17 December 2007
More than 140,000 people are expected to attend a Church of
England cathedral for a service on Christmas Eve or Christmas Day
this year, following a 7.5 per cent rise in worshippers between
2005 and 2006.
Last year, with many cathedrals close to capacity, worshipper
numbers reached more than 130,000 in the 24-hour Christmas period -
a 37 per cent increase since 2000. Across all Church of England
parish services, it is expected that the total topped the 2.8
million seen over the same period in 2005.
In addition to the attendance statistics for last Christmas,
other figures released today from a survey of three cathedrals
conducted last year suggest that Christians are using these
'flagship' church buildings to encourage their friends to attend
church, with more than a third of respondents saying they heard
about the cathedral service from a friend, and a quarter of those
surveyed saying they actually attended the service with friends or
The study - conducted by the Church of England in York Minster,
Southwark Cathedral and Derby Cathedral over nine Christmas
services last year - demonstrates the magnetic draw of cathedrals
at Christmas time for those who rarely attend church, with as many
as half of those surveyed in the congregations saying they attend
church less than once every three months.
One in four had been to a cathedral over the year to attend a
service, but more than half of these Christmas congregations had
visited a cathedral for another reason, such as sightseeing or
Today's statistics will be the star on top of the tree for
cathedral deans and their congregations, who have seen attendance
throughout the year rise by 17 per cent since the turn of the
millennium - a rate of three per cent each year. In an average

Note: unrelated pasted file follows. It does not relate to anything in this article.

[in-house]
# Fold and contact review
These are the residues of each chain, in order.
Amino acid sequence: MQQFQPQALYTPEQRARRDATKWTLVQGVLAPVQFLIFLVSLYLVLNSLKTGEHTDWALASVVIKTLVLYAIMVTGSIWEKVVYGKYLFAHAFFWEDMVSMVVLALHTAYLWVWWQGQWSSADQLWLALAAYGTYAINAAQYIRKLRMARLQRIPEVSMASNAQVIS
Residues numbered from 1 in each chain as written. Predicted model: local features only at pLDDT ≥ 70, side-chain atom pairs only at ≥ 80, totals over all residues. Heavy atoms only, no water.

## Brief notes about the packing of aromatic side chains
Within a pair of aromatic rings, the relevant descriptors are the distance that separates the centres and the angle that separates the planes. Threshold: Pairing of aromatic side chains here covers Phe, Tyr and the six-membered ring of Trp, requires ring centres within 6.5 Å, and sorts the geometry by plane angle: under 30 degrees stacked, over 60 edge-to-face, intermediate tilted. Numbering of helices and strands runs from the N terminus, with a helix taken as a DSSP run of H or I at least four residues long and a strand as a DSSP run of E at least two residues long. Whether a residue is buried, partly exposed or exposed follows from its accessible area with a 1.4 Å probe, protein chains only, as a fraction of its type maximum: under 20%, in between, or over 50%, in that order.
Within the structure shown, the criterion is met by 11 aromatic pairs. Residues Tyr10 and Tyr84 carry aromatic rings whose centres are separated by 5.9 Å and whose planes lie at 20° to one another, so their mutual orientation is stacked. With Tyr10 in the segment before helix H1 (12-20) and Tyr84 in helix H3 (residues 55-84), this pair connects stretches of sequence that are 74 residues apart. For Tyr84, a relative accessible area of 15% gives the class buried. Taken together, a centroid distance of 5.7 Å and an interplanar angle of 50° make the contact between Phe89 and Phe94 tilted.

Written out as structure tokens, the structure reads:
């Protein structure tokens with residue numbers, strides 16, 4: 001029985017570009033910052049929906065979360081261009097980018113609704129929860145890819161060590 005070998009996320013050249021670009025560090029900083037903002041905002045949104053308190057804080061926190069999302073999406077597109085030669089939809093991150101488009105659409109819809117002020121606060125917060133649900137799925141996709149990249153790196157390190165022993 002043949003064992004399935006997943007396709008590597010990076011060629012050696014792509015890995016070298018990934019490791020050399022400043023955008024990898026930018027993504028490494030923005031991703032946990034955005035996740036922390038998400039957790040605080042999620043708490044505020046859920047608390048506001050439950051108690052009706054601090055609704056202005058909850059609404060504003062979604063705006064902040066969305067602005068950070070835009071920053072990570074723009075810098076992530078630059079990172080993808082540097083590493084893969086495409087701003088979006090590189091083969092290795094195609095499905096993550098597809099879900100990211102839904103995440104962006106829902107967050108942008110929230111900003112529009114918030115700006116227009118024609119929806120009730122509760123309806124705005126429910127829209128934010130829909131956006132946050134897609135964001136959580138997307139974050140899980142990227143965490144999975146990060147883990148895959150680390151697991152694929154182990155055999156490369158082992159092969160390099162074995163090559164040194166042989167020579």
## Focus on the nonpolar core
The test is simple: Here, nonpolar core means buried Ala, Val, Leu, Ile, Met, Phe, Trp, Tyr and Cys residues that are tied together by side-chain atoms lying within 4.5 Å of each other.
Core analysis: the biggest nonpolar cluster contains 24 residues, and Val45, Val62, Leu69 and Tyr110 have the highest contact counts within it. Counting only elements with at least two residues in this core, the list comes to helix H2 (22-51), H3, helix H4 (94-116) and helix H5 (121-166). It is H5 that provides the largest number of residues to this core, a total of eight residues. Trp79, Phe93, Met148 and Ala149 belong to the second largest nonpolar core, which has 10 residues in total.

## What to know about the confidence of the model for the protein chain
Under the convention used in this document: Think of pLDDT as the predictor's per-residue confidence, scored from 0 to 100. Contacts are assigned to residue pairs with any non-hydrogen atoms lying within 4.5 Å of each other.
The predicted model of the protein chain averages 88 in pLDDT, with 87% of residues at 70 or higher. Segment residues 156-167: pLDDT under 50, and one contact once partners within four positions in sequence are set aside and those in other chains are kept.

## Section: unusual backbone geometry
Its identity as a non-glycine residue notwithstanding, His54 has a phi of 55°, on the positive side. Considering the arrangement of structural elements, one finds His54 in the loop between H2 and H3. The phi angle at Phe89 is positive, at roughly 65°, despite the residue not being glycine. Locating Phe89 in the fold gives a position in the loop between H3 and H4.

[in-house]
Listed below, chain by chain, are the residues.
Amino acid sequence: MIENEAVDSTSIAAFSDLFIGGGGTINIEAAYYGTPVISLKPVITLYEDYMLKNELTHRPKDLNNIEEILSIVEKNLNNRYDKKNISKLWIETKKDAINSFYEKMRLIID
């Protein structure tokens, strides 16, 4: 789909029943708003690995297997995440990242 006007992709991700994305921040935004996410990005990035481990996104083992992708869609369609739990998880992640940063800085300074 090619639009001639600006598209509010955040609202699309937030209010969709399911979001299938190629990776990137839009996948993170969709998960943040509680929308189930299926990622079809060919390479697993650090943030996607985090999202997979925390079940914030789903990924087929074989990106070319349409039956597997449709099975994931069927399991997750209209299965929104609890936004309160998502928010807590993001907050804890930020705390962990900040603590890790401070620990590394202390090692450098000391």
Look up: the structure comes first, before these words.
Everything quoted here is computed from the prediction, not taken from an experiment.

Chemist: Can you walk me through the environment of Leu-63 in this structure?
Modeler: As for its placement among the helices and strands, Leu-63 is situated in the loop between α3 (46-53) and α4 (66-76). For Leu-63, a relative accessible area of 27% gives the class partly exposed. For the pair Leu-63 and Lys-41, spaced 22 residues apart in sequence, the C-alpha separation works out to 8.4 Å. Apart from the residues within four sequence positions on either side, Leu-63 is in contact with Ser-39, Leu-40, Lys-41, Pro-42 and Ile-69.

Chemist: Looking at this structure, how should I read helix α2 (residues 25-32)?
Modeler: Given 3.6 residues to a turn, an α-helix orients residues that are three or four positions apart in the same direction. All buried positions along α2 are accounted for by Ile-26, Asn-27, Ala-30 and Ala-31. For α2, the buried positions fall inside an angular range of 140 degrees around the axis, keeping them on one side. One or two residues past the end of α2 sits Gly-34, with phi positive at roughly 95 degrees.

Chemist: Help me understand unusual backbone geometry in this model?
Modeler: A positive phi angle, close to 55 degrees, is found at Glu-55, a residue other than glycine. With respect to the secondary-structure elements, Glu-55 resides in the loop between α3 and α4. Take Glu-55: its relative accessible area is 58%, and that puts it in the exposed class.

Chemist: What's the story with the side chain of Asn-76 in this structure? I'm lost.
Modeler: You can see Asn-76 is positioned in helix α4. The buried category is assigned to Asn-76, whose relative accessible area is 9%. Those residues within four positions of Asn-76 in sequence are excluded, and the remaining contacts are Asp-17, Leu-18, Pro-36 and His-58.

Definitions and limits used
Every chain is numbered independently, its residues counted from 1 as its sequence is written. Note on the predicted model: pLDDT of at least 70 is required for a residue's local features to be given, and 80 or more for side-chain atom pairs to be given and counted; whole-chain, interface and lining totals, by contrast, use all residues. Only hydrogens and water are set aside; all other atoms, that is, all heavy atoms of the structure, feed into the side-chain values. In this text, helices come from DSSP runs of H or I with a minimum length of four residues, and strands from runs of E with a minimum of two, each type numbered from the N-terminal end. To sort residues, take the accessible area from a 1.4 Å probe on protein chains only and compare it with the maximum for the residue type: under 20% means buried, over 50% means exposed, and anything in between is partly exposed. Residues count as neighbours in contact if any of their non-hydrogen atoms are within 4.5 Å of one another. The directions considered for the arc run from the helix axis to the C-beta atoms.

week in 2006, 24,800 adults and 6,800 children and young
people attended cathedral worship. All services across the Church
of England parishes attract about 1.2 million a week.
Figures released earlier this year showed that attendance at
cathedrals on Easter Eve and Easter Sunday increased to 52,400 in
2006 - an increase of nine per cent since 2000.
The Revd Lynda Barley, Head of Research and Statistics for the
Church of England, comments: "Rumours of the demise of Christmas as
a Christian celebration are baseless. It won't be the experience of
the thousands upon thousands who will be attending Christmas
services this week. There will be standing-room only at many
cathedrals and churches, as the dormant desire to recapture a sense
of the wonder of the Nativity, to share with others in singing and
praying, and to glimpse something of the spiritual
meaning of the Christmas story draws people from across
communities towards churches across the country.
"The significant attraction of special occasions and major
festivals is a welcome sign of the wider success of the year-round
ministry of cathedrals. Many people feel an innate connection with
their local cathedral as a symbol of the spiritual life of their
community. The anonymity that can be maintained when worshipping
with hundreds of other people within these historic buildings can
act as a further pull for some people in deciding how to mark this
special season of the year."
The cathedrals of Canterbury, London, Norwich, St Albans
and York each expect more than 5,000 adults, children and young
people to join them for worship on Christmas Eve or Day this year.
Across the country, the Christmas menu of events and services